Small to mid-sized mortgage bankers fund 50 to 1,000 loans per month. These lenders have the same technology needs as larger lenders, yet typically struggle with fewer resources to streamline operations and ensure compliance. In the past, this was a significant competitive disadvantage, but some technology companies have more than leveled the playing field for this important market segment by delivering powerful solutions that rival the largest lenders’ capabilities.
It is important that the vendor has mortgage bankers on staff that clearly understands the impact of not meeting a sales contract deadline, missing a lock delivery or working through a repurchase request.
Why is this deep industry working knowledge from the LOS provider so important to a lender’s management team? It’s simple- if you are dealing with these types of business issues, then you are not focused on growing your business. In addition, the cost to cure these issues is taken straight from profits. Lenders are often hobbled by work-arounds, manual processes and low expectations from their systems. With today’s technology there is a better solution for mortgage lenders.
Small to mid-sized lenders need an integrated solution from their LOS that is affordable and easily maintained with minimal staff. These attributes can only be designed by close collaboration with lenders by technologists who have experience in the small to mid-sized environment. The best providers understand the features necessary for both the lender’s users and the system’s administrators, enabling both ease of use and efficient operations.
Tools, Customization and Sharing the Load
Users need tools to streamline their everyday activities. Administrators need to be able to implement and maintain the tools with far smaller staffs than large lenders. Loan origination system providers that truly understand the middle market appreciate the value of sharing the administration responsibilities. Additionally, modifications to customize the application should be provided via table configurations rather than software development. Systems for the middle tier are architected to have the vendor manage the version, compliance and table configuration best practices. At the same time, they allow the lender’s administrator to turn on various features by role, or establish unique customized workflow to ensure the application meets their specific needs. Simply put, the best LOS designs present the right information to the right user at the right time.
The right origination technology dramatically reduces the problems caused by process issues distracting lenders from focusing on growing their business and the bottom line. Here are five points that a small to mid-sized lender should require from their technology partner when their operations struggle with daily challenges:
>> Broad scope of tools with table based configuration
>> Tightly integrated third-party vendors
>> Rules based workflow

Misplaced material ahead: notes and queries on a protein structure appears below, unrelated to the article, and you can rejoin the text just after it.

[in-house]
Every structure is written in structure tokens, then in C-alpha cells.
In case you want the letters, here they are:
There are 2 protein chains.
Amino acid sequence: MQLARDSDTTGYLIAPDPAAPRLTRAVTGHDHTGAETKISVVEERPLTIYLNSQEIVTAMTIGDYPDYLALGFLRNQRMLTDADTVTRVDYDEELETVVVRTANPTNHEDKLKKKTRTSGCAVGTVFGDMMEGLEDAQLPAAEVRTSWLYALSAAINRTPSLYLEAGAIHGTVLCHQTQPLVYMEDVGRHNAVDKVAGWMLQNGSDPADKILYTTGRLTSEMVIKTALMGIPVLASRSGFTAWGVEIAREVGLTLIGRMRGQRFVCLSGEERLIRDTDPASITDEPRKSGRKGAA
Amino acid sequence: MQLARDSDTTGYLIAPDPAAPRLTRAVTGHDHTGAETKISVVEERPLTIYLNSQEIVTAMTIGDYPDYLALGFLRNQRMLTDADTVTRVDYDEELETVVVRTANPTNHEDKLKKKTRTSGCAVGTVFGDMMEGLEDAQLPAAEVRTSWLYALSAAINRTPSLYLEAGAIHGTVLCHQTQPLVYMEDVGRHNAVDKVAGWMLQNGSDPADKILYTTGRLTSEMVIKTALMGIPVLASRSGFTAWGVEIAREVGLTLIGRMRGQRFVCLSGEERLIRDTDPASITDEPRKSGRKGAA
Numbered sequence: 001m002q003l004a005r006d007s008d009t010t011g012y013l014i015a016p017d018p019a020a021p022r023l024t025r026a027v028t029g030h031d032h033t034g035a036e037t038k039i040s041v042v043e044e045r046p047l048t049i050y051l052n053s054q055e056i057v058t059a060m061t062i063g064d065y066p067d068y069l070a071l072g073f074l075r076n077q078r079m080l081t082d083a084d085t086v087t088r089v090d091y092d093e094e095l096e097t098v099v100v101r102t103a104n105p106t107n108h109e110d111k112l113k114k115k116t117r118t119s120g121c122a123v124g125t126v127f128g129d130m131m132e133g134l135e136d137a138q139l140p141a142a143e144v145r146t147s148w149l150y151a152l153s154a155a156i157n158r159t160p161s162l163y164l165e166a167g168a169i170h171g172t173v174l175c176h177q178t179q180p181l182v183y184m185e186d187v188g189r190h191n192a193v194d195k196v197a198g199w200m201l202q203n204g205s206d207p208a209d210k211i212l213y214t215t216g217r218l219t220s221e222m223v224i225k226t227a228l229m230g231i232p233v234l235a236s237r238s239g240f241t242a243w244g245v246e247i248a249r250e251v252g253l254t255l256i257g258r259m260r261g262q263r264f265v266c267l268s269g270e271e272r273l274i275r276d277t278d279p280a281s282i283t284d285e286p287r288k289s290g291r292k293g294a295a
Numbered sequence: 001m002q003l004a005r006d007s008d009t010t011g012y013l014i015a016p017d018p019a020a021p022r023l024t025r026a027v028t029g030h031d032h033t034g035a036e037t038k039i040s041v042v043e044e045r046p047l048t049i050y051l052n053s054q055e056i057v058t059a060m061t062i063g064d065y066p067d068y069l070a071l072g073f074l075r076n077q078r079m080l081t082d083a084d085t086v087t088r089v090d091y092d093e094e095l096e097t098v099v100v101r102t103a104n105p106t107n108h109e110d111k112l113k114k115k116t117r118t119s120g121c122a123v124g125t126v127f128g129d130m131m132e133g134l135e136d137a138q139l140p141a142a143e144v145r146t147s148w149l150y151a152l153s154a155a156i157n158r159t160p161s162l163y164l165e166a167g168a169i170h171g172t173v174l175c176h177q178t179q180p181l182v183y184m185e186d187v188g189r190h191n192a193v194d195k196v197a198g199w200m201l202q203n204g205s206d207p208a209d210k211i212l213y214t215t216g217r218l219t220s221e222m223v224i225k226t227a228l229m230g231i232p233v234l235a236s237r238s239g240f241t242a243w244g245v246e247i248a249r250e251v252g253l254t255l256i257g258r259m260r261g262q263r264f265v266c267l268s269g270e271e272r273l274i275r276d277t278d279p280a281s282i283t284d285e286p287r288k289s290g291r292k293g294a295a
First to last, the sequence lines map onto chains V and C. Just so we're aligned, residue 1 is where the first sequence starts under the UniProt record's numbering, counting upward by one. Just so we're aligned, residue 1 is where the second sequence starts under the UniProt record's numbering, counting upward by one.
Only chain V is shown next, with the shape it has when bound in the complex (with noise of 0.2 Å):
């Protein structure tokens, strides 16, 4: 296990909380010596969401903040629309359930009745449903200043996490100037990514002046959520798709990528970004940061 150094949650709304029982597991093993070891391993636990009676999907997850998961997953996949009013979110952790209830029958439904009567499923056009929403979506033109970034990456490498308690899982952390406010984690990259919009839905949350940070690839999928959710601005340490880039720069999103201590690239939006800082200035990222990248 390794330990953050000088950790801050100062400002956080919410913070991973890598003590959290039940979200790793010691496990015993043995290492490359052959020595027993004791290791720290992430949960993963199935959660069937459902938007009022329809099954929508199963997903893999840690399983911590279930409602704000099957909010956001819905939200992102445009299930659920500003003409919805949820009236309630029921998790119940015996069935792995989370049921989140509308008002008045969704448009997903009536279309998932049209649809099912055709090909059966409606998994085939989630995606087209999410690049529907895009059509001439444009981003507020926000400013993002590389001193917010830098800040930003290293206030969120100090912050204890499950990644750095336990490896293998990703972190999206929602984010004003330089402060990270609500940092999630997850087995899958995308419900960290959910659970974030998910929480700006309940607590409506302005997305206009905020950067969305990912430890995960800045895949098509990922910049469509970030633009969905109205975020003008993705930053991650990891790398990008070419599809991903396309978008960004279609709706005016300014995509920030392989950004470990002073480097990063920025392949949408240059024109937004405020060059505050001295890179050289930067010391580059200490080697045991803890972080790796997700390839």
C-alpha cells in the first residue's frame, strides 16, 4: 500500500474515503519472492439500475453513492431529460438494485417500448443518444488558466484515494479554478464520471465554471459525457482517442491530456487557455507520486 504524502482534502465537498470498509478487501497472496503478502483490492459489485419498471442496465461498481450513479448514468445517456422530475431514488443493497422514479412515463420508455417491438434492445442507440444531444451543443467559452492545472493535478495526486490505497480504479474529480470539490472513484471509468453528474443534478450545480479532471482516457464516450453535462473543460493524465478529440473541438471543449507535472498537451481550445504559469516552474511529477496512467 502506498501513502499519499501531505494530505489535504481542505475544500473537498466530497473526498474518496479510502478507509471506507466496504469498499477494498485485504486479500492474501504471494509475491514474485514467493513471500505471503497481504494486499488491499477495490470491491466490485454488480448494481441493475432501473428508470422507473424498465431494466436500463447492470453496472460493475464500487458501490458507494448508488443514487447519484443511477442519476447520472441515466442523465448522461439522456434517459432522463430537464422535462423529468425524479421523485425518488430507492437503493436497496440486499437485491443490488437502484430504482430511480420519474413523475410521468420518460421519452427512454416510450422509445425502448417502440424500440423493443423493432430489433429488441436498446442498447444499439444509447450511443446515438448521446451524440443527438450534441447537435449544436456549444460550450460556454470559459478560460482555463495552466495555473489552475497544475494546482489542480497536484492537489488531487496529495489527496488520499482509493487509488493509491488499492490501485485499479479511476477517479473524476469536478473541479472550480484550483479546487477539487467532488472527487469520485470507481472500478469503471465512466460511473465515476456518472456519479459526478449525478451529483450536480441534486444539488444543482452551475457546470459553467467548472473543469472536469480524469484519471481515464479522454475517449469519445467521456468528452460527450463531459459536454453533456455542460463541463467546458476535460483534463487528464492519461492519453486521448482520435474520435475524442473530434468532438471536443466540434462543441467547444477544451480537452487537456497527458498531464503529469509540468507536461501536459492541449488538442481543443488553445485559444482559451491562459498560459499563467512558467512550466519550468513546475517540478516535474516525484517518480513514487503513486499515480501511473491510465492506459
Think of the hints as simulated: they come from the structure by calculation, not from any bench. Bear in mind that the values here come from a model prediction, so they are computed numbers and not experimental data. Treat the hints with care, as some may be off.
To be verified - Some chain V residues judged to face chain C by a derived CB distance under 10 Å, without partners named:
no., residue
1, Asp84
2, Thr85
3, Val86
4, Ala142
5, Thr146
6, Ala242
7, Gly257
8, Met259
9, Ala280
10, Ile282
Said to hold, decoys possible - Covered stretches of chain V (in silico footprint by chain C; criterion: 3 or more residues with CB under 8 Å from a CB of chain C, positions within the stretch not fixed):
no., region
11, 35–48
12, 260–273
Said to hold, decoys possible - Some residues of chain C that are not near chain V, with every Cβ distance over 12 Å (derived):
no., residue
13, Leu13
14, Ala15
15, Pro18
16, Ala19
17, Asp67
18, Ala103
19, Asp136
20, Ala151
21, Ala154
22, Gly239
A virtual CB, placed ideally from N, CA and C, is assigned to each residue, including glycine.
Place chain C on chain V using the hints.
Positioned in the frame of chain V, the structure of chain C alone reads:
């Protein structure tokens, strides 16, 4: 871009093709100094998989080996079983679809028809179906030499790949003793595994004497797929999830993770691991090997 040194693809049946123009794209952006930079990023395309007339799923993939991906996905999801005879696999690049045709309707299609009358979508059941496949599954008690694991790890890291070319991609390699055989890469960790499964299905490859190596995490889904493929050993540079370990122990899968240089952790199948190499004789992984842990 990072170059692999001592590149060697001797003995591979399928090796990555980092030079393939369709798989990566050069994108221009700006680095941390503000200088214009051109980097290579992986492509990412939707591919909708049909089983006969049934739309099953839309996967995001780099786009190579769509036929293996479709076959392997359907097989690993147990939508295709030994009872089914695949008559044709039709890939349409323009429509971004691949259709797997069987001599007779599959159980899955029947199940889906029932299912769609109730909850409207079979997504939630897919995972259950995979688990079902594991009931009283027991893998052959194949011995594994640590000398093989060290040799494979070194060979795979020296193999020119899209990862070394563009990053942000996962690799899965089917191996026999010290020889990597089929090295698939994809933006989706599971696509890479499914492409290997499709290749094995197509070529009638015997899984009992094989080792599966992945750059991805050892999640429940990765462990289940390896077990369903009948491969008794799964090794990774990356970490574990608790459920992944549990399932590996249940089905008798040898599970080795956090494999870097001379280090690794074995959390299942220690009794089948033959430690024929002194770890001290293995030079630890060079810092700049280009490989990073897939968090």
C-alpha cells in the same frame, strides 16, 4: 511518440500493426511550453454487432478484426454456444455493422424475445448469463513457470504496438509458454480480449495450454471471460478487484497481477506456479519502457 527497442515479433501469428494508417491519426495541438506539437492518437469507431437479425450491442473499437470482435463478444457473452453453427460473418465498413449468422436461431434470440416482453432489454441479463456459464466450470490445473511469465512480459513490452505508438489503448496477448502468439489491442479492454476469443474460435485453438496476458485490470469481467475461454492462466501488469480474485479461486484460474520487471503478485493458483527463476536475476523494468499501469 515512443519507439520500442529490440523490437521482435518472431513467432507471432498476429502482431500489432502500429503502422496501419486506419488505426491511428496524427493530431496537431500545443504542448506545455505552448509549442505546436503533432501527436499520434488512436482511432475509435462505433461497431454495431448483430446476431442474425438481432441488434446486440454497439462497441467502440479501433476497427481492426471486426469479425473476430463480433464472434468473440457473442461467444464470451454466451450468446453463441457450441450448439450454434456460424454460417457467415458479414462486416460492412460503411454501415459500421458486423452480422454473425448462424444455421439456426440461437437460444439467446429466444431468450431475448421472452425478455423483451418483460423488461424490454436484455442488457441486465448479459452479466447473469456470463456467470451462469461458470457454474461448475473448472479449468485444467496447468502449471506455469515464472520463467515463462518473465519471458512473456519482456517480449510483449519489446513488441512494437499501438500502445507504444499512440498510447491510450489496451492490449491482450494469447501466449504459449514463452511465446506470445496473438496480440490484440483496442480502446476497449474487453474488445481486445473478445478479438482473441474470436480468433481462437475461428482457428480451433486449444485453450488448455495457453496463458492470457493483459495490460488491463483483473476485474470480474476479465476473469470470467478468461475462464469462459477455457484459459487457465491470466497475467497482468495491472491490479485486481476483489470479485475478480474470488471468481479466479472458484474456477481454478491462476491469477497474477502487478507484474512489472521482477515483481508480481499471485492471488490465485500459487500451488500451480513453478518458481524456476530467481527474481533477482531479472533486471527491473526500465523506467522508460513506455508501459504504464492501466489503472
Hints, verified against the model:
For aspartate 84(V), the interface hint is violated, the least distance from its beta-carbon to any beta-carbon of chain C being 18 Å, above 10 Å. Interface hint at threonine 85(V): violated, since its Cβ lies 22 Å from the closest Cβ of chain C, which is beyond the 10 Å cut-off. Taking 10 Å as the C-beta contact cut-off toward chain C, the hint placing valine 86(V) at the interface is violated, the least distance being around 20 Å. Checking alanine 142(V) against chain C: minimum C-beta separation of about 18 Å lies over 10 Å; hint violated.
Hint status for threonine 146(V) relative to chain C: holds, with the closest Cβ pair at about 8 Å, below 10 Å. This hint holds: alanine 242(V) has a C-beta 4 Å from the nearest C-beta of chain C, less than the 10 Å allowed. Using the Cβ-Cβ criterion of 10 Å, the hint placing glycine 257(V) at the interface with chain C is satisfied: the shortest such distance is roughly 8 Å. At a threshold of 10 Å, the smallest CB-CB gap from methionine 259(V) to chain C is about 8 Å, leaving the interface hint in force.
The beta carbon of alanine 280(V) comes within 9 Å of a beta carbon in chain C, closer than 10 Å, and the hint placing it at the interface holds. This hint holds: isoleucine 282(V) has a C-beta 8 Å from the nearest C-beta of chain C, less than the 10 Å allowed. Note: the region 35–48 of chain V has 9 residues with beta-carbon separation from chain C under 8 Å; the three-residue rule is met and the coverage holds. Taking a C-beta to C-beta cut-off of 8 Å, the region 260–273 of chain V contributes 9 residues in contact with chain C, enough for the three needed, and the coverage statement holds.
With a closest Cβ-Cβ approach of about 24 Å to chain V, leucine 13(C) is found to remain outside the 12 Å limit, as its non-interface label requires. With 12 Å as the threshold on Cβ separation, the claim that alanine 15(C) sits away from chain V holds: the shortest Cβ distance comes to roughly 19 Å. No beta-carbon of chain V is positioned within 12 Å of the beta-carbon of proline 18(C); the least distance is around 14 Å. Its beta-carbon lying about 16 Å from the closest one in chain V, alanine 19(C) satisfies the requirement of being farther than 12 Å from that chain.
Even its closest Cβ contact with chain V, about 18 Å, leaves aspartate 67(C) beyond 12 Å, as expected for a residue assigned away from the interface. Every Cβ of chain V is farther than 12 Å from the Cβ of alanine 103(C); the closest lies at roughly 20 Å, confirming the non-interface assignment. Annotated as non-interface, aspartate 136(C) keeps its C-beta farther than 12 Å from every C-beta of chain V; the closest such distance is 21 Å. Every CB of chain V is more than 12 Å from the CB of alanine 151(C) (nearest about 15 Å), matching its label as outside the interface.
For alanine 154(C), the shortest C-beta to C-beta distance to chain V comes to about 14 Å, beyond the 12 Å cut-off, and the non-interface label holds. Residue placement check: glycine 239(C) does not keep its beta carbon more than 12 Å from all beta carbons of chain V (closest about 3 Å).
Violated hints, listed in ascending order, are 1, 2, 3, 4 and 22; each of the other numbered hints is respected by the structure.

>> Robust data access
>> A collaborative and transparent relationship
Each of these requirements should be considered just as important as cost to ensure your operations run smoothly and maximize your return on investment. Lenders should also remember that these items need to be implemented in a timely manner to successfully contribute to the bottom line. The following is a breakdown of each requirement in more detail.
First, the scope of tools should include everything from initial inquiry to selling the loan. If a lender is required to integrate various tools they will need more time to implement and maintain them. Additionally, it’s likely that a lender will not have an accurate single database of record to ensure that data entry from initial origination and throughout processing matches the information used for closing or investor delivery. This can result in pricing issues and delivering files to investors that are not purchased – or post-closing liability from an end investor when a defect is found years later after a payment default. These are common issues for lenders who do not have an effective system of record.
Lenders also must assess the types of tools each role needs. Borrower-facing tools such as online portals allow an originator and the lender’s staff to efficiently collaborate and document communication with borrowers throughout the loan process. Built-in imaging will ensure the data and file documentation are simultaneously managed and match file requirements. Integrations must be incorporated in a manner that allows each role to easily complete the steps that are dependent on third parties.
The Industry Relies on Third Parties
This leads us to the second requirement – tightly integrated third party vendors. As part of the loan manufacturing process, lenders have been exchanging data with credit agencies, underwriting systems and flood for about 20 years. Pricing, compliance, fraud and tax verifications vendors are commonly used, and the latest wave of integrations now supports asset, income, employment and property information. Successful lenders will have an effective plan for all of these services.